Paul Boross (39:43):

<laugh>. Oh, well, no, wonderful, a lot of choices there. What film makes you laugh?

Simon Evans (39:51):

If you want one book that will gather them all together, Frank Muir wrote, uh, I think it’s called The Oxford Book of British Humour. It’s a big compendium, which you can pick up for a couple of quid on Amazon in hardback. It was out probably 30 or 40 years ago. And the incredible anthology of, of Great British prose, I think that would be my Desert Island book, probably. Oh,

Speaker 1 (40:12):

Fantastic. What film makes you laugh, Simon?

Speaker 2 (40:19):

My worry is that I’m gonna be, it’s gonna be all too obvious. Most of them are, most of my sort of top selections are widely understood to be <laugh>. Uh, Spinal Tap would be one definitely. Um, my

Speaker 1 (40:33):

Favourite, my favourite. I,

Speaker 2 (40:35):

I love, um, yeah, I, I mean all of the, again, those impro guys, the Best in Show is lovely as well, actually from them, possibly slightly more underrated. Um, I did think, I mean, I dunno if it’s, is it quite a comedy? I think Groundhog Day is a masterpiece. Yeah. And because it has that bittersweet element as well, you know, incredibly funny, but also, it’s saying something important about life. And then I think the great scr ball comedies, like, uh, his Girl Friday would be a good one. Carrie Grant Lym Russell, um, from the thirties old black and white movie, the speed of the dialogue, the snap of the whole thing. Incredible. Or a little bit later. Some Like it Hot, you know, that’s about as funny as a film could be. You can’t, you can’t fit any more jokes in than and good jokes. You know, the turnaround on some of those routines is like a single word, bat. Bat. It is like a, it’s not even like a tennis match. It’s, it’s, it’s like a kind of slapping match. It’s extraordinary speed. Yeah.

Simon Evans (41:34):

Probably if I was forced to name one, I think Some Like it Hot, I would think.

Paul Boross (41:39):

No, no. Uh, just a classic superb. We’re gonna take a shift to the other side and I, I, I think I know, uh, you and where you’re going to come from on this question, but what’s not funny?

Simon Evans (41:59):

Well, as we’ve said earlier that I don’t think there’s any subjects that aren’t funny, but generally speaking, I don’t like it when I sense that a comedian is wanting to be liked. That’s what will kill a joke for me if I censor a, a comedian is telling a routine or taking an angle or taking a, taking a an approach to a subject because they want you to, to like them or because they’re trying to, they’re, they’re foregrounding something other than the, their job, which is to be funny. I didn’t like Hannah Gadsby’s Nanette show, not because I disapproved of her message, but because I’d been told I was about to watch a standup comedy show, and instead I was subjected, I felt to what amounted to a lecture about why standup comedy is not necessarily a force for good, because it allows people, it lets people off the hook instead of confronting and dealing with difficult issues such as the homophobia she encountered as a young woman in Tasmania.

(42:56):

Now, that’s a perfectly legitimate subject for her to talk about, but it wasn’t standup comedy as far as I was concerned. Now, obviously, I’m in a minority, or at least she found a sizeable enough minority herself to make a lot of money out of that show. And the video I saw was filmed at the Sydney Opera House, you know, so she did well out of it, but I don’t find that funny. I find that preaching and hectoring and, and, uh, sanctimonious to be honest, you know, and that isn’t funny to me. If you’re trying to make kind of, I don’t know, social justice points or whatever with comedy, if they, if they’re funny, that’s great and you, and you are left afterwards with a realisation that you know, refugees there, but for the grace of God go, I, yeah, of course. You know, that’s absolutely fine. But if, if the message has been allowed to dominate where the, where the comedy goes rather than the comedy itself.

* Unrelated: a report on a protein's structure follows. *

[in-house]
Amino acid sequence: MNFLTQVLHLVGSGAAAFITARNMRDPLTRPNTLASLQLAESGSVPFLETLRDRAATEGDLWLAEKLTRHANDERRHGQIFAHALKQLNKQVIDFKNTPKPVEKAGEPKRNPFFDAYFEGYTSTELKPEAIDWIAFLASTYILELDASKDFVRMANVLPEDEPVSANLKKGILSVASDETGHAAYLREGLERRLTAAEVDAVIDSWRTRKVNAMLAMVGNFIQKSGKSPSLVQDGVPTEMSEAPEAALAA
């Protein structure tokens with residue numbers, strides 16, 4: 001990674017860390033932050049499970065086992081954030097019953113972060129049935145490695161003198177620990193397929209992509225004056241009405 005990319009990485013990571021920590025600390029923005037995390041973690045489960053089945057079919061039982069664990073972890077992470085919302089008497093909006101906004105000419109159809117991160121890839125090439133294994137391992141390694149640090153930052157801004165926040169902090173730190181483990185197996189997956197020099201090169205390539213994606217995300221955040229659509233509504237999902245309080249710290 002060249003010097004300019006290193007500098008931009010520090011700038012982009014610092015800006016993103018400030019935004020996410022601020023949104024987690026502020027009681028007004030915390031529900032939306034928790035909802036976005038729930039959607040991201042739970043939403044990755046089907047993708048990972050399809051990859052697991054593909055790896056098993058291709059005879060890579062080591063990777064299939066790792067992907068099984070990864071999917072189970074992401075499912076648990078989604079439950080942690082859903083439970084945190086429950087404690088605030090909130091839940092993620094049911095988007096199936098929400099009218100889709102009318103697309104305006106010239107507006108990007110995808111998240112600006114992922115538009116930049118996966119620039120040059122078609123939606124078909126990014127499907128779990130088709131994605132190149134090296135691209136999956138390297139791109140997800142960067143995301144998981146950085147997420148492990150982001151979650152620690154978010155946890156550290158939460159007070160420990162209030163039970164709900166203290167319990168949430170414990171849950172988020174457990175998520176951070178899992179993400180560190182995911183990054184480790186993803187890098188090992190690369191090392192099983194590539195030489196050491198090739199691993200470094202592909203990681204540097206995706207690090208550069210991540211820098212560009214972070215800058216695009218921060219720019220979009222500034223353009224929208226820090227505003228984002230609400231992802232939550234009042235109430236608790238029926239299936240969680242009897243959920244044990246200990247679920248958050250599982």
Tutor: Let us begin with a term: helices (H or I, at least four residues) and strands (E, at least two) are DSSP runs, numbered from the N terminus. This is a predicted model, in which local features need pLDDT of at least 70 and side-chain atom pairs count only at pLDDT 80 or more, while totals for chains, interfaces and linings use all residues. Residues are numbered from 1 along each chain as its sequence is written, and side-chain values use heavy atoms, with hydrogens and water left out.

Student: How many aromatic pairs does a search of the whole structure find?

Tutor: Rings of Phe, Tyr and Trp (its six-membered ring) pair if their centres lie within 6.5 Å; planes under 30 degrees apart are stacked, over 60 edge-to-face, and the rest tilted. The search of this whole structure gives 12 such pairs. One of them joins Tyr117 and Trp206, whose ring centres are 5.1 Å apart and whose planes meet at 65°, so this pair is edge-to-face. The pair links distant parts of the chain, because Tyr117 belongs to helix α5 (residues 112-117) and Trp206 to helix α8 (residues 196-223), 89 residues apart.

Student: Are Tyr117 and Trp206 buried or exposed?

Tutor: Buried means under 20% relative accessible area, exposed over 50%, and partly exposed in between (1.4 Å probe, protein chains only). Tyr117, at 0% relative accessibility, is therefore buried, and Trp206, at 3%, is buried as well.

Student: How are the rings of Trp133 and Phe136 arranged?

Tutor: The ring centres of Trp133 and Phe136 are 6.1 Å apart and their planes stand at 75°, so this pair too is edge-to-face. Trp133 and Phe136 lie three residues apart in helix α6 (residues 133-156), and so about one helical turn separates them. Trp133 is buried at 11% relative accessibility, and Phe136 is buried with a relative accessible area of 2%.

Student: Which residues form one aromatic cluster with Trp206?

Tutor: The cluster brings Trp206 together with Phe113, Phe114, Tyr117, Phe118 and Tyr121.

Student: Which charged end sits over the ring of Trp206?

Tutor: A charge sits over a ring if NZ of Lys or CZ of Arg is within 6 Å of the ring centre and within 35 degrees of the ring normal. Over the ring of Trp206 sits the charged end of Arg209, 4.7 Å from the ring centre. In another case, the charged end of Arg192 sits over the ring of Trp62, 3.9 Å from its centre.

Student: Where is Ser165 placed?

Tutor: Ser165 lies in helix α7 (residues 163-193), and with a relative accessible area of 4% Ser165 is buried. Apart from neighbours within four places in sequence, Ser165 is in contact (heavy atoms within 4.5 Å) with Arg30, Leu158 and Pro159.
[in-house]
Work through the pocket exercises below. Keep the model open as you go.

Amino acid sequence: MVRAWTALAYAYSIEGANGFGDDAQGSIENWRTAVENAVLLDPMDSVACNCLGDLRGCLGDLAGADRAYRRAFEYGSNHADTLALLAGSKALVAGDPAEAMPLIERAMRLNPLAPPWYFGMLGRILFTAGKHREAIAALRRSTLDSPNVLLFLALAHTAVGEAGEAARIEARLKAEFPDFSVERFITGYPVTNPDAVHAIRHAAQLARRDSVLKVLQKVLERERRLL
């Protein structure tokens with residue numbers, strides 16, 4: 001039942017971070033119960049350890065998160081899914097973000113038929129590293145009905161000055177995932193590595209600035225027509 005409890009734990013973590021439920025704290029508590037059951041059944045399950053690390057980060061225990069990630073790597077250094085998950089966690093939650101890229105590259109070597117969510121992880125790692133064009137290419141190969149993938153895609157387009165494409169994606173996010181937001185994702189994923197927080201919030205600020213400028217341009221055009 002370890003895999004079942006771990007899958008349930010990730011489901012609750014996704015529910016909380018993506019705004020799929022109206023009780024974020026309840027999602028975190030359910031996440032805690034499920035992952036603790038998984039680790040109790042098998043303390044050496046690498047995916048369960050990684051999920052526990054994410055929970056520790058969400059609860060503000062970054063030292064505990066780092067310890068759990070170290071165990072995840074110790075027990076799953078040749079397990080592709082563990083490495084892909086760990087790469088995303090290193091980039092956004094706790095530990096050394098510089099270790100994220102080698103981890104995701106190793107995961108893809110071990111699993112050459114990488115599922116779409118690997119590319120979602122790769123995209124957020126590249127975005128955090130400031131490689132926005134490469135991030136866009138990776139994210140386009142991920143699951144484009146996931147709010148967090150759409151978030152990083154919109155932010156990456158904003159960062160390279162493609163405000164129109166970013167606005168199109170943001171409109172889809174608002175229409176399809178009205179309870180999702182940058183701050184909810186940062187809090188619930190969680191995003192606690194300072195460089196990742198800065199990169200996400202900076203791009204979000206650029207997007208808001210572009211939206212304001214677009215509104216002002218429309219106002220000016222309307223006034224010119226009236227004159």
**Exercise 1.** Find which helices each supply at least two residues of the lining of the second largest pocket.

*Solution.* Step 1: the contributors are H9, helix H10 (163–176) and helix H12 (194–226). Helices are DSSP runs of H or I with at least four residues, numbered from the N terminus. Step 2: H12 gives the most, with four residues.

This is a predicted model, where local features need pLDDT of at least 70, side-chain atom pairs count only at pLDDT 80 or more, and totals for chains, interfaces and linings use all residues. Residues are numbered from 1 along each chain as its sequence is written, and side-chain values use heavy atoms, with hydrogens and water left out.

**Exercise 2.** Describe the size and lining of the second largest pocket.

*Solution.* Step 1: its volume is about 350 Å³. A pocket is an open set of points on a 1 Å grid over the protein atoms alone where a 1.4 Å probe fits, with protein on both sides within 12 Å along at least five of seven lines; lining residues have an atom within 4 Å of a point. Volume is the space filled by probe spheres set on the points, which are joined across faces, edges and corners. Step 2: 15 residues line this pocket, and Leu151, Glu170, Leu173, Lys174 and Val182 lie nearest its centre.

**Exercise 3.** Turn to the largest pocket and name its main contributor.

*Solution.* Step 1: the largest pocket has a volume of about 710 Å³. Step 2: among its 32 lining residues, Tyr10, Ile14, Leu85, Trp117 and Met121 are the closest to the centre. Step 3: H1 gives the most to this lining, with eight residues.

Paul Boross (43:46):

Yeah. So that’s a, that personal thing, but being a libertarian, you wouldn’t get in anybody’s way for doing it. Oh,

Simon Evans (43:54):

I would never, ever protest outside a show or something. Absolutely not. I mean, it’s counterproductive anyway. It just makes people want go and see it, isn’t it?

Paul Boross (44:02):

That’s true, isn’t it?

Simon Evans (44:04):

You know I think those South Park guys did well out of that. And actually, I mean, I went to see Jerry Springer of the Opera because of the protest, and I thought it was shit <laugh> <laugh>, but I never would’ve gotta see if it hadn’t been for the protest. So there you go.

Paul Boross (44:16):

It’s, uh, sometimes counterproductive, isn’t it? What word makes you laugh?

Simon Evans (44:24):

Good, good. Yeah. Well, my wife and I used to share words that we found were funny. I like small woodland animal type words like ferret, stoat, weasel. I don’t know why there’s all of those words. All the small kind of little rustling leaf animals are all funny. Um, I like words like foist. Um, I do like little word, I like kind of words that have a, like a single syllable, but have a little bit of, um, uhlike thumb for instance. Thumb is a funny word. I just think it’s a funny, it’s a little stubby, you know, protuberance, the thing itself is quite funny, but the th the thumb, I dunno, it’s just like a, it, I don’t like long some, I mean, some people do like, like long fancy perspicacious, you know, type there was a great, uh, Rutles lyric., Um, you are so pusillanimous